AlterNet was founded in the fall of 1987 by the Institute for Alternative Journalism (IAJ),[11] which was incorporated in December 1983 with a mission to serve as a clearinghouse for important local stories generated by the members of the Association of Alternative Newsweeklies (AAN). The founding editor of AlterNet was Alan Green, who with his deputy, Margaret Engle, created print and electronic mechanisms to syndicate both the works of AAN papers and freelance contributors, among them Michael Moore and Abbie Hoffman. Engle took over for Green in 1989 and ran the news service until 1993, in that time dramatically expanding AlterNet's base of contributors and client newspapers. Upon her resignation, Engle was succeeded by Don Hazen, who had been hired by IAJ in 1991 to be its first executive director. AlterNet publishes a combination of policy critiques, investigative reports and analysis, grassroots success stories, and personal narratives. Its coverage emphasizes the discovery of solutions to social problems, and its editorial philosophy is "to uphold a commitment to fairness, equality, and global stewardship, while making connections across generational, ethnic, and issue lines".[7]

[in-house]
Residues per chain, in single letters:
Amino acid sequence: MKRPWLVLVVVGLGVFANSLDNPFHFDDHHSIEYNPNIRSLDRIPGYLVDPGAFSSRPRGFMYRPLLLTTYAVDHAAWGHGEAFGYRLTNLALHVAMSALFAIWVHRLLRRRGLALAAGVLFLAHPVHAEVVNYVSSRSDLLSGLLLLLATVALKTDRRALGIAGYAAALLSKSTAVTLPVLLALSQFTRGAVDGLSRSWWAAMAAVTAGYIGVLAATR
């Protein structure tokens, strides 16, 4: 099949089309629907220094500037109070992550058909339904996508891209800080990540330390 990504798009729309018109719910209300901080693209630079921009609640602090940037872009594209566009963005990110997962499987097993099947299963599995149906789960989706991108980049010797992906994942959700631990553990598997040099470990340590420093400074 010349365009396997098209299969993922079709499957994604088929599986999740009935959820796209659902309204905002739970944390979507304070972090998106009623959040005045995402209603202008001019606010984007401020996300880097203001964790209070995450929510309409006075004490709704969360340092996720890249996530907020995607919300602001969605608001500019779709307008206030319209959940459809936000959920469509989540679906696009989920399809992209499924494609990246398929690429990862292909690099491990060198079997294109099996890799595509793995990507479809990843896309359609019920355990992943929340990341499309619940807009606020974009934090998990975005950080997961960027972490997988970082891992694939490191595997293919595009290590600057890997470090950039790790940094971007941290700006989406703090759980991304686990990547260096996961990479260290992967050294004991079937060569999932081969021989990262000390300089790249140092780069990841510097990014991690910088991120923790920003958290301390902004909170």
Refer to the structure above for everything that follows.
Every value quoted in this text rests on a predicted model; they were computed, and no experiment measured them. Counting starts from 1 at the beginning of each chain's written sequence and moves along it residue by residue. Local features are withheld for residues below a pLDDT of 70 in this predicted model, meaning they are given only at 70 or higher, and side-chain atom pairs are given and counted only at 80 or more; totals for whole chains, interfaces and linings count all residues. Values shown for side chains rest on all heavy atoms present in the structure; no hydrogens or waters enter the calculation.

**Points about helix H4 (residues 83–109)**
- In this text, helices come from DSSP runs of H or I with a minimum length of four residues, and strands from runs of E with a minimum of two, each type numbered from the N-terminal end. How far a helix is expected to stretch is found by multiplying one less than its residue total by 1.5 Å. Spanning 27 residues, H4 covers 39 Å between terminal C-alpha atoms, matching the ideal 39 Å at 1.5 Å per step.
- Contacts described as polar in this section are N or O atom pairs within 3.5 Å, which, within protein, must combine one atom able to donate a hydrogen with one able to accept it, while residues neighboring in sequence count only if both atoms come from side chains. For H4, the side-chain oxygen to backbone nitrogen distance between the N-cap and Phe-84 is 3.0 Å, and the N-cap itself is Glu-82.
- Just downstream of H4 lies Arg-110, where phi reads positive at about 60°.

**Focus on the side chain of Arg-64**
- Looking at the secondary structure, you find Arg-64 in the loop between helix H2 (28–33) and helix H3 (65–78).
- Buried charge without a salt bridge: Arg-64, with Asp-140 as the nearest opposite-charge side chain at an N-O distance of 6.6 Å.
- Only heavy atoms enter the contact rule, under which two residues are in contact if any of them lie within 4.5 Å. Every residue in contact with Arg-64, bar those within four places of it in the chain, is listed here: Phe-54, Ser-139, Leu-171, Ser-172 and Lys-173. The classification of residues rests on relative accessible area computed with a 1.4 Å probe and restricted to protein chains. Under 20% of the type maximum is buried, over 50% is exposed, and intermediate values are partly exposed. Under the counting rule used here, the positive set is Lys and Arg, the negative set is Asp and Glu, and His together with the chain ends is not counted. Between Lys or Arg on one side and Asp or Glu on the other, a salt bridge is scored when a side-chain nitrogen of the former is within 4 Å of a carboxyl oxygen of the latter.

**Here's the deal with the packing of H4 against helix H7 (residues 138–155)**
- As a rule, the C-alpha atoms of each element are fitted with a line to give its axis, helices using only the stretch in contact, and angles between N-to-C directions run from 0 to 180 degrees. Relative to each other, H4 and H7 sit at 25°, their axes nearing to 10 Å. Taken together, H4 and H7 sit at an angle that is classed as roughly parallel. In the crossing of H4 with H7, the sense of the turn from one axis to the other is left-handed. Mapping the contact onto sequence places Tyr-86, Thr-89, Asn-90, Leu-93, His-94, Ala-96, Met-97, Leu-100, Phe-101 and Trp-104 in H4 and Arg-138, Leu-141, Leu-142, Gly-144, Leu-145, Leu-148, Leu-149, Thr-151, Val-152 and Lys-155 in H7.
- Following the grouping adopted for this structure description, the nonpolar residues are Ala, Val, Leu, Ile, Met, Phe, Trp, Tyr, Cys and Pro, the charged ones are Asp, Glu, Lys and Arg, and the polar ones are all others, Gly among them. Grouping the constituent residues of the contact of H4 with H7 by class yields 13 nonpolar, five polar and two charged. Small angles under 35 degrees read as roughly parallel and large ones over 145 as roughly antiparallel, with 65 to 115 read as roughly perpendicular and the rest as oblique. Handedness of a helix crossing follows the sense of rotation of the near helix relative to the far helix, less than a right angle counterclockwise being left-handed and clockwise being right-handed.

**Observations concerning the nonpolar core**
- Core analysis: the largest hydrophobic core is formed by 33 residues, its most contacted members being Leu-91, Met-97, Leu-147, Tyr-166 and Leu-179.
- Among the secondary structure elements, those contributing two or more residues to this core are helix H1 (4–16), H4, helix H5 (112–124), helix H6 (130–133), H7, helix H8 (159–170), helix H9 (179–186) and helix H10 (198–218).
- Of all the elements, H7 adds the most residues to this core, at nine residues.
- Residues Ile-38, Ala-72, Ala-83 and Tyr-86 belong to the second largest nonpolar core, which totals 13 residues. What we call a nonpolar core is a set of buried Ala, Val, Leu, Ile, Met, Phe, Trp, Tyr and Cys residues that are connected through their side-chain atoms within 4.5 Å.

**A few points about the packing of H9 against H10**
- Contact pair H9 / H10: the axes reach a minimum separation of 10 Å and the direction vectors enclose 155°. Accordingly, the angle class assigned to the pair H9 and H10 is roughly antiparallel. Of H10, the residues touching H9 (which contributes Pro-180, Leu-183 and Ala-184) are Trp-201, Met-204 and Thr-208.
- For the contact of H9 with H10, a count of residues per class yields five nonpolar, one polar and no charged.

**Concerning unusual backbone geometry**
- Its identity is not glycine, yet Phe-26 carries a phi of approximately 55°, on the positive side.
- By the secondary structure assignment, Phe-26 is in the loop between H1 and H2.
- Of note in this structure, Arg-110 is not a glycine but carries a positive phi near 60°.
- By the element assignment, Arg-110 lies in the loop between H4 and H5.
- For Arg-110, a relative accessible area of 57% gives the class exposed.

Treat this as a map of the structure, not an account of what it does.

Christine Triano was associate director of the Institute for Alternative Journalism, in 1996.[12][13]

Independent Media Institute[14][15] (IMI) now calls itself National Center for Independent Media.[16][17][13][18][19]

Media Heroes are annual awards by the Institute for Alternative Journalism.[8] Frederick Clarkson was named among the "Media Heroes of 1992"[20] James Danky was named a Media Hero in 1993.[21] In 1995, Media Heroes awards to Public Media Center, Fairness & Accuracy In Reporting, Institute for Global Communications, Janine Jackson, Laura Flanders,[22] CounterSpin, Gary Delgado, David Barsamian, Alternative Radio, Haiti Truth Team, Salim Muwakkil, John Schwartz, and Artists for a Hate Free America were presented in MediaCulture Review, January/February 1995[23] In 1996, Leslie Savan was named one of "The Top Ten Media Heroes".[24] Patricia Scott, and Julie Drizin were named to the "Top Ten Media Heroes of 1996"[25] Paul Klite, Executive Director of Rocky Mountain Media Watch, received a Media Hero Award from the Institute for Alternative Journalism in 1996.[26] Amy Goodman, Bob Herbert, Detroit Sunday Journal, Gary Webb, Herb Schiller, Jim Ridgeway, Karl Grossman, Mumia Abu-Jamal, Norman Solomon, and Urvashi Vaid received the 1997 Media Hero Award.[27] In 1997, Media Heroes awards were presented at the second Media & Democracy Congress.[8] The Institute for Alternative Journalism named David Barsamian one of its Top Ten Media Heroes.[28]